# A strange behaviour with function $\,_2F_1$

I posted today a question on MSE 1

  u=(5*(49*Pi^2*Zeta[3] - 558*Zeta[5]))/(77*Pi^2*Zeta[3] - 930*Zeta[5])
f[k_]:= Hypergeometric2F1[1/2, -k, 3/2, u]


Computing

  N[f[10]] =-8.29107
N[f[10.]]=+3.02495


The second one is correct.

Could any one accept to make me understanging what is going wrong ?

Edit

 u=-137172947796693/512328299943181


the problem disappears.

Thanks, everybody !

• Or you can change the order of evaluation, e.g., Total@N[List @@ (f[10] // Apart)] evaluates to 3.02495 Apr 30, 2022 at 15:39

It looks like numerical instability due to cancellations among terms in f[10] with the machine precision. If you specify the precision that you want to obtain, then it gives the correct answer.

N[f[10], 40]  (* 3.024945718826484765909050369309114702577 *)


Details: the sum in the numerator Numerator[f[10]] / 1835008 has 11 terms. You can see them by

List @@ (Numerator[f[10]] / 1835008)


or their numerical values with the machine precision:

N[List @@ (Numerator[f[10]] / 1835008)]


Summing up them gives a wrong result:

Plus @@ N[List @@ (Numerator[f[10]] / 1835008)]  (* -7.20576*^16 *)


From the following experiments, it seems that you need 19 digits or more to get the first digit correctly:

Table[{n,Plus @@ N[List @@ (Numerator[f[10]] / 1835008), n]},{n,16, 22}]

{{16,0-17.31500855618509},{17,0.*^16},{18,3.*^16},{19,2.6*^16},{20,2.63*^16},{21,2.629*^16},{22,2.6290*^16}}


It is, sadly, simple round-off error. (I was hoping to learn something more interesting.)

Lets look at f[10]:

f10 = f[10]
(*
(1835008 (43551160253105097901 π^20 Zeta[3]^10 -
4808402859534428003850 π^18 Zeta[3]^9 Zeta[5] +
238905994054787308522350 π^16 Zeta[3]^8 Zeta[5]^2 -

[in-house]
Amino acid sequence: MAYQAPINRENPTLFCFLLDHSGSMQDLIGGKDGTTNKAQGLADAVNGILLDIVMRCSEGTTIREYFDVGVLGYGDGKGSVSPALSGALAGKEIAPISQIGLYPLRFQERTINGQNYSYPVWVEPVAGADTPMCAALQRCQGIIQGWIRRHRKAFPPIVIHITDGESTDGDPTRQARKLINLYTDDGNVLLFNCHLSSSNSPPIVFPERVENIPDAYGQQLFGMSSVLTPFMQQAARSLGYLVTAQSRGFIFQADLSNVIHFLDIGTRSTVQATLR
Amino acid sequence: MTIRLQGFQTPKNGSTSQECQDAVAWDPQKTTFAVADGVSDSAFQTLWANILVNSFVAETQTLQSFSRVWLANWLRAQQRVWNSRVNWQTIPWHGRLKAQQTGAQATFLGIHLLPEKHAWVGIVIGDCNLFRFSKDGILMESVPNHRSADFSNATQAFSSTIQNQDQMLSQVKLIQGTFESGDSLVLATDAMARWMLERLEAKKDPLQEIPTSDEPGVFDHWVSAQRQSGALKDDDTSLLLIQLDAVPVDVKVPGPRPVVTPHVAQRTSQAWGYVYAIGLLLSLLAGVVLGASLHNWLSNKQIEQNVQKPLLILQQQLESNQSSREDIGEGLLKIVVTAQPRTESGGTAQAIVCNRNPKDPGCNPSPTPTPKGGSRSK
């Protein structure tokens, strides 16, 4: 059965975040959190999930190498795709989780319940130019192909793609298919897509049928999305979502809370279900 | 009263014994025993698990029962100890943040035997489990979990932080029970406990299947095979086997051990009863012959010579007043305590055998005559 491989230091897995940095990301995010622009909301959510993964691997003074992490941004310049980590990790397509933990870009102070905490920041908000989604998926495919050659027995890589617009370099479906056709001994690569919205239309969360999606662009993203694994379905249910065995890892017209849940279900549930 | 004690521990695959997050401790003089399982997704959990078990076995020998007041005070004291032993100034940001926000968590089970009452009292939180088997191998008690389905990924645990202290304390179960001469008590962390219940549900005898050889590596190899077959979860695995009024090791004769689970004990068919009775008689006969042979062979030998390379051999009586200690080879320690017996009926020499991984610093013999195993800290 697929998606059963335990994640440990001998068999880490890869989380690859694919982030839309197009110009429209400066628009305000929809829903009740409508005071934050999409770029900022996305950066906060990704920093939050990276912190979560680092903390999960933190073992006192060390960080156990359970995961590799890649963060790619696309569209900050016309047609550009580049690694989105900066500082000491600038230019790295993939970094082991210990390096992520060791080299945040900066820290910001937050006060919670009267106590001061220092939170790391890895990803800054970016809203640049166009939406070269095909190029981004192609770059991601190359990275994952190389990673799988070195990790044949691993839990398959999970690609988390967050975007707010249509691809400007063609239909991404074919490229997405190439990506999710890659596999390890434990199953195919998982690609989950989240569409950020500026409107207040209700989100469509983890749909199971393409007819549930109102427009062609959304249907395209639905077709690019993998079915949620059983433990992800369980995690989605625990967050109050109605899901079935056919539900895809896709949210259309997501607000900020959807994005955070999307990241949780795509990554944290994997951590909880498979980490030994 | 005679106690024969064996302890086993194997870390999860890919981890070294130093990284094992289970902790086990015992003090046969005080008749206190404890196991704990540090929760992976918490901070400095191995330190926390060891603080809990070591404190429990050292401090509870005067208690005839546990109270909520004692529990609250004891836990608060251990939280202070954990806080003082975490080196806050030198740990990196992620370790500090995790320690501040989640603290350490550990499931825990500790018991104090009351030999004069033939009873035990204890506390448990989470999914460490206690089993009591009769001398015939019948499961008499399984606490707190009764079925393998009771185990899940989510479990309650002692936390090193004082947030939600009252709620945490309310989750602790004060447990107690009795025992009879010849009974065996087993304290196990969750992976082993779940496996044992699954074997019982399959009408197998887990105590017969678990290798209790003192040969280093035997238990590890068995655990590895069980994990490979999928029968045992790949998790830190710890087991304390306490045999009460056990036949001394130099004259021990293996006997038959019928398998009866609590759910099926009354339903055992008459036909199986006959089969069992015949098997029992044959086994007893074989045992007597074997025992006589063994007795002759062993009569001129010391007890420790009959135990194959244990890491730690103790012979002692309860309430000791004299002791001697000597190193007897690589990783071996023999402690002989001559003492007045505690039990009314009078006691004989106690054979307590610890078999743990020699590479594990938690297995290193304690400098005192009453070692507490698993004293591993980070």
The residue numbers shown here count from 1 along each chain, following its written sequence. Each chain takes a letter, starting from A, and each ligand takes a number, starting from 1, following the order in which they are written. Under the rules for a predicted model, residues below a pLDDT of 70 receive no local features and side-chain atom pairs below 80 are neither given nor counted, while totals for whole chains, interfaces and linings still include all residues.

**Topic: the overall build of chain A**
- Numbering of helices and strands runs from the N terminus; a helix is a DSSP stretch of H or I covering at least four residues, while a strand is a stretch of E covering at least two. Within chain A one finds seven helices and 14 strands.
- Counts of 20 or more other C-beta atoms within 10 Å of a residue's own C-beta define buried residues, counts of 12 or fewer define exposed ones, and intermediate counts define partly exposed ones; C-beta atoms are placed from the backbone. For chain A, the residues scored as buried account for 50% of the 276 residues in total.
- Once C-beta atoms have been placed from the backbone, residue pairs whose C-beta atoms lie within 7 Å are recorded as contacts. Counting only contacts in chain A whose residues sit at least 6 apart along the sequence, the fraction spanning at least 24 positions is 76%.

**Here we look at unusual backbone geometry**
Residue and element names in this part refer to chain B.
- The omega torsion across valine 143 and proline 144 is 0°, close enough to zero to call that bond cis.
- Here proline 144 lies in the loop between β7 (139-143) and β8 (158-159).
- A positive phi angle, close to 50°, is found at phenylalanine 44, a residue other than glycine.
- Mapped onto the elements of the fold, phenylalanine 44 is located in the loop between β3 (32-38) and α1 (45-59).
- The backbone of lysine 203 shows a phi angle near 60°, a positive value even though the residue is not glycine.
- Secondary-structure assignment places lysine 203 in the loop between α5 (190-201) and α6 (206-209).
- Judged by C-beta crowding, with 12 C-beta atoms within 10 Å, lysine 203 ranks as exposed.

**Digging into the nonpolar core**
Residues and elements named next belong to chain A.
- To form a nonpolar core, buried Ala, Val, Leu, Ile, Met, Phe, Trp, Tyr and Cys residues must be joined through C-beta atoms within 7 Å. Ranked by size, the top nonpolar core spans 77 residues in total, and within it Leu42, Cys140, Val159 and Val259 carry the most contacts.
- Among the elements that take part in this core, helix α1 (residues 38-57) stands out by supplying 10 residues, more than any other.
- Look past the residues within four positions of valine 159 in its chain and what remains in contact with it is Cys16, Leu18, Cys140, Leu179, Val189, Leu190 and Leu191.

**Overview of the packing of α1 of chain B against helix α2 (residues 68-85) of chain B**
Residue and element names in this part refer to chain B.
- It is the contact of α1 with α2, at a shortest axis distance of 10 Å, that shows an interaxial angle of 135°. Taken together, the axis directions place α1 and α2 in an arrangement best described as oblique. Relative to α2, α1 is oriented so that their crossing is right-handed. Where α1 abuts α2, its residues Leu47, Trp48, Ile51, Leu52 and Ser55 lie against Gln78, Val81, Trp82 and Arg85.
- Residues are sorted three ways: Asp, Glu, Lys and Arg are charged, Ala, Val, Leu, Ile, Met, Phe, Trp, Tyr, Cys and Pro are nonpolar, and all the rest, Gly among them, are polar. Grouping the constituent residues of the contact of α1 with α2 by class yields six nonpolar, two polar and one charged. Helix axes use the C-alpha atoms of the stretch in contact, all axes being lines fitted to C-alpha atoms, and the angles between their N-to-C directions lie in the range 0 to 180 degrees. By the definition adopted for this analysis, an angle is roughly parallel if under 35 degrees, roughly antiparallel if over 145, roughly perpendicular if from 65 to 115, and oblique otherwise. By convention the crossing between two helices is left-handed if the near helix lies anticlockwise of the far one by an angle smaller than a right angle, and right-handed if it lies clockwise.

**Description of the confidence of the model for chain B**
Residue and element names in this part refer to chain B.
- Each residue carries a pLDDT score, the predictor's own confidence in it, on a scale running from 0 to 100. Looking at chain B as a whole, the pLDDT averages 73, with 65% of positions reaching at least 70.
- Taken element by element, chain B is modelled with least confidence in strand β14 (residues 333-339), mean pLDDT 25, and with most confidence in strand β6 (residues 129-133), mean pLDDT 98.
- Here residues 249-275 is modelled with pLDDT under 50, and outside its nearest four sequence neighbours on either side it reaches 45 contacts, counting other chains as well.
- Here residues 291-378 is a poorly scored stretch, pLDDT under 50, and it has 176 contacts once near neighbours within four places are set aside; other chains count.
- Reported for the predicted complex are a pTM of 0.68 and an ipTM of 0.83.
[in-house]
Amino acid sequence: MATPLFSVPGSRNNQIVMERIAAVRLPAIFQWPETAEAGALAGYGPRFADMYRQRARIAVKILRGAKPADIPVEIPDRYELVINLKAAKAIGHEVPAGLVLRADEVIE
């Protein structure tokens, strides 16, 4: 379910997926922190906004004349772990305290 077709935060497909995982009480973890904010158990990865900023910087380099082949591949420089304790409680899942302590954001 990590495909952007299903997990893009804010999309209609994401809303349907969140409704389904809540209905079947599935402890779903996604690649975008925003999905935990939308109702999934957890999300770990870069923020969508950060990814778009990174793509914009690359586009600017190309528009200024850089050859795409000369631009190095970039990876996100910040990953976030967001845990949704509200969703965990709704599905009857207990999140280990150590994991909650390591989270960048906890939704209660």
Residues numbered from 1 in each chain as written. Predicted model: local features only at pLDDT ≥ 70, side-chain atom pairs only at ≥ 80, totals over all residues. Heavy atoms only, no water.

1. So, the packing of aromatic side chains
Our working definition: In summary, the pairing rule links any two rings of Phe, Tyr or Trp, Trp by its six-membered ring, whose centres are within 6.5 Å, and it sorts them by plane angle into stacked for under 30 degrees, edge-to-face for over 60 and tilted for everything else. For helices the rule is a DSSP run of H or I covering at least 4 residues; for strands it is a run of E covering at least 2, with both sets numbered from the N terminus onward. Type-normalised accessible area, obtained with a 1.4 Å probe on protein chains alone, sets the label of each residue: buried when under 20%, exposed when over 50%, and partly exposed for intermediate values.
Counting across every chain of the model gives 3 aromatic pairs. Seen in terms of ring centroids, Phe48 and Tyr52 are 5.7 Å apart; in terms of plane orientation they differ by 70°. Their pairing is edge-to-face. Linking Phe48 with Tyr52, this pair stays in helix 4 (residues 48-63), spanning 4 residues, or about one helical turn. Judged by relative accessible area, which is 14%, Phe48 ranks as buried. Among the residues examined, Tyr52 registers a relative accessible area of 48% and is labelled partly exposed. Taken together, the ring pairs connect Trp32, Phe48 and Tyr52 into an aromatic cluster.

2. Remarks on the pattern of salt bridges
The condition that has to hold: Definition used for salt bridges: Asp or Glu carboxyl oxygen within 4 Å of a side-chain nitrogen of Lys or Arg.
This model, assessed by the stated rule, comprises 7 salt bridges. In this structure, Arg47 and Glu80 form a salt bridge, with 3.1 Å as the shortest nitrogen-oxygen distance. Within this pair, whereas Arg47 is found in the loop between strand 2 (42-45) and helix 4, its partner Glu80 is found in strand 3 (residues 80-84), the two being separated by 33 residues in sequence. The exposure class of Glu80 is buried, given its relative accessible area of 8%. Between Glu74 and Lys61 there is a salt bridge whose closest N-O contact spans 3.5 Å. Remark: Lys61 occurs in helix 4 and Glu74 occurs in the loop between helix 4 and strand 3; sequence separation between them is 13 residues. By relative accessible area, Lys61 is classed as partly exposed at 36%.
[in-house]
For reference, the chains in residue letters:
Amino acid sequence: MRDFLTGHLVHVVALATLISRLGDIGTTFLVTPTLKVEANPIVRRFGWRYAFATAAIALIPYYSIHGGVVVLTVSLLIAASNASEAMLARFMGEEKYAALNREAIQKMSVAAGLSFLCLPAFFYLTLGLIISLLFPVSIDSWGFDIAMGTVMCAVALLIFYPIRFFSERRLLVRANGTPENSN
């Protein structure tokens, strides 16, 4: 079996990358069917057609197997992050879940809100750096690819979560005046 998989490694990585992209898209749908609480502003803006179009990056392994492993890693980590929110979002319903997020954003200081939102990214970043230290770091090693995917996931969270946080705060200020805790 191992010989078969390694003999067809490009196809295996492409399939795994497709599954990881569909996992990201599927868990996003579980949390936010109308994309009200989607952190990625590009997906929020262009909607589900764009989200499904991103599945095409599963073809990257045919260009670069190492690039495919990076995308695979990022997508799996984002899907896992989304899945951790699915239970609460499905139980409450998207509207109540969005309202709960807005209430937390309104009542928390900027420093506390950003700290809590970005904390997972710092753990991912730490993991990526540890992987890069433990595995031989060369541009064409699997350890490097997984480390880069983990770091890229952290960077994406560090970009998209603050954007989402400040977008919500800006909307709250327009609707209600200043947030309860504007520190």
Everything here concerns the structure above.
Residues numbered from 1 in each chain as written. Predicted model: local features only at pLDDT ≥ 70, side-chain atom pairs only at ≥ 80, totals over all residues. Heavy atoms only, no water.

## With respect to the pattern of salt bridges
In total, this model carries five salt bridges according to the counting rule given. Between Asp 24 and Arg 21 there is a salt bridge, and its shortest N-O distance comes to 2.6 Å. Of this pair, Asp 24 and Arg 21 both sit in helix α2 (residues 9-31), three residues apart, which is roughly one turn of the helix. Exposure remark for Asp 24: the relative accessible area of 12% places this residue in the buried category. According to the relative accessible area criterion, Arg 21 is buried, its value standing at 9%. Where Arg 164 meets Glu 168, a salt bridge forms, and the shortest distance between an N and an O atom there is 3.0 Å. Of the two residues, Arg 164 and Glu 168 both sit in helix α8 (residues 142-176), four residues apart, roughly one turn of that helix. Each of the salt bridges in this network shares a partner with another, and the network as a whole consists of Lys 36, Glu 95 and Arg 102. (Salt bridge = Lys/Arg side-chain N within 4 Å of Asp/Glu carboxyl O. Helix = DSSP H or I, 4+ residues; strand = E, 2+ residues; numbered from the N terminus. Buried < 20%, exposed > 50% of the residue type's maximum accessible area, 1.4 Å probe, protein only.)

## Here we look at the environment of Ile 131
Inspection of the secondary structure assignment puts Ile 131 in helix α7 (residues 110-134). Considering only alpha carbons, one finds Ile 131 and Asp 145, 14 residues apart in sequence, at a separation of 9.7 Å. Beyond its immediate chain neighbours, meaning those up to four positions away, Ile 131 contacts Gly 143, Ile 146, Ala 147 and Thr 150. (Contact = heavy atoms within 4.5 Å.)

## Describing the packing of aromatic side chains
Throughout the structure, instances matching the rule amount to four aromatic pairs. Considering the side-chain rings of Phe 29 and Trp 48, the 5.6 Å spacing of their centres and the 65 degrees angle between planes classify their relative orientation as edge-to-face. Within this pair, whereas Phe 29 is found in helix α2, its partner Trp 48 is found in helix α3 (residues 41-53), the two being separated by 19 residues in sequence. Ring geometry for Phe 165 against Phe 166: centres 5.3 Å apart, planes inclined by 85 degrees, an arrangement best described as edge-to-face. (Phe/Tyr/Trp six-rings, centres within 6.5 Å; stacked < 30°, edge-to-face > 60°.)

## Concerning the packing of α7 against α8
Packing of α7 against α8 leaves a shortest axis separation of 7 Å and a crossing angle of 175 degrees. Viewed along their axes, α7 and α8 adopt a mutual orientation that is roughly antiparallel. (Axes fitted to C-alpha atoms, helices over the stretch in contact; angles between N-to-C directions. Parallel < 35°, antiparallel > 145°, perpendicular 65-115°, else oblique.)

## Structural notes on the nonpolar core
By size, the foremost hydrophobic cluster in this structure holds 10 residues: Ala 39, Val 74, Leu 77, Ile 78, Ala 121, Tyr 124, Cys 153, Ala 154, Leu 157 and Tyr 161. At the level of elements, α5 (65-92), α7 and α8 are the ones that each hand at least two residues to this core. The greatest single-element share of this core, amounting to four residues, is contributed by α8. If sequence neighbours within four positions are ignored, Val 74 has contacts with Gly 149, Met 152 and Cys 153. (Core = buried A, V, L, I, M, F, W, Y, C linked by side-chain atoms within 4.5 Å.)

7034330305341815976769500 π^14 Zeta[3]^7 Zeta[5]^3 +
135925793707604259244173750 π^12 Zeta[3]^6 Zeta[5]^4 -
1801105572337397766462487500 π^10 Zeta[3]^5 Zeta[5]^5 +
16574098514883746872868437500 π^8 Zeta[3]^4 Zeta[5]^6 -
104587763224772152070746875000 π^6 Zeta[3]^3 Zeta[5]^7 +
433131075279238064824511718750 π^4 Zeta[3]^2 Zeta[5]^8 -
1063000622677773009307148437500 π^2 Zeta[3] Zeta[5]^9 +
1174035206087269790337070312500 Zeta[5]^10)) /
(138567 (77 π^2 Zeta[3] - 930 Zeta[5])^10)
*)


The terms being added/subtracted in the numerator and denominator are quite large:

{nf, df} = N@N[NumeratorDenominator[f10], $MachinePrecision]; terms1 = Numerator@f10 /. Plus -> List // N terms2 = Denominator@f10 /. Plus -> List // N (* {4.41454*10^36, -4.26001*10^37, 1.84995*10^38, -4.7608*10^38, 8.04049*10^38, -9.31201*10^38, 7.48959*10^38, -4.13079*10^38, 1.49518*10^38, -3.20725*10^37, 3.09602*10^36} {5.60809*10^34, 9.63772*10^34} *)  The expected round-off error is approximately: 1/df^2 (df*Abs@Max[terms1*$$MachineEpsilon/2] Sqrt@Length@terms1 + nf*Abs@Max[terms2*$$MachineEpsilon/2] Sqrt@Length@terms2) (* 18.5673 *)  Since f[10] is exact, one can use the adaptive-precision capability of N[] to compute an accurate value by giving it a numeric target precision in its second argument. For instance, we can use $MachinePrecision, which is 15.95... (but not the symbol MachinePrecision, which represents machine precision, the default target precision of N[expr]):

N@N[f10, \$MachinePrecision]
(*  3.02495  *)


With f[10.] the internal code does not make the polynomial expansion, but goes straight to the numerical routine for calculating $${}_2F_1$$.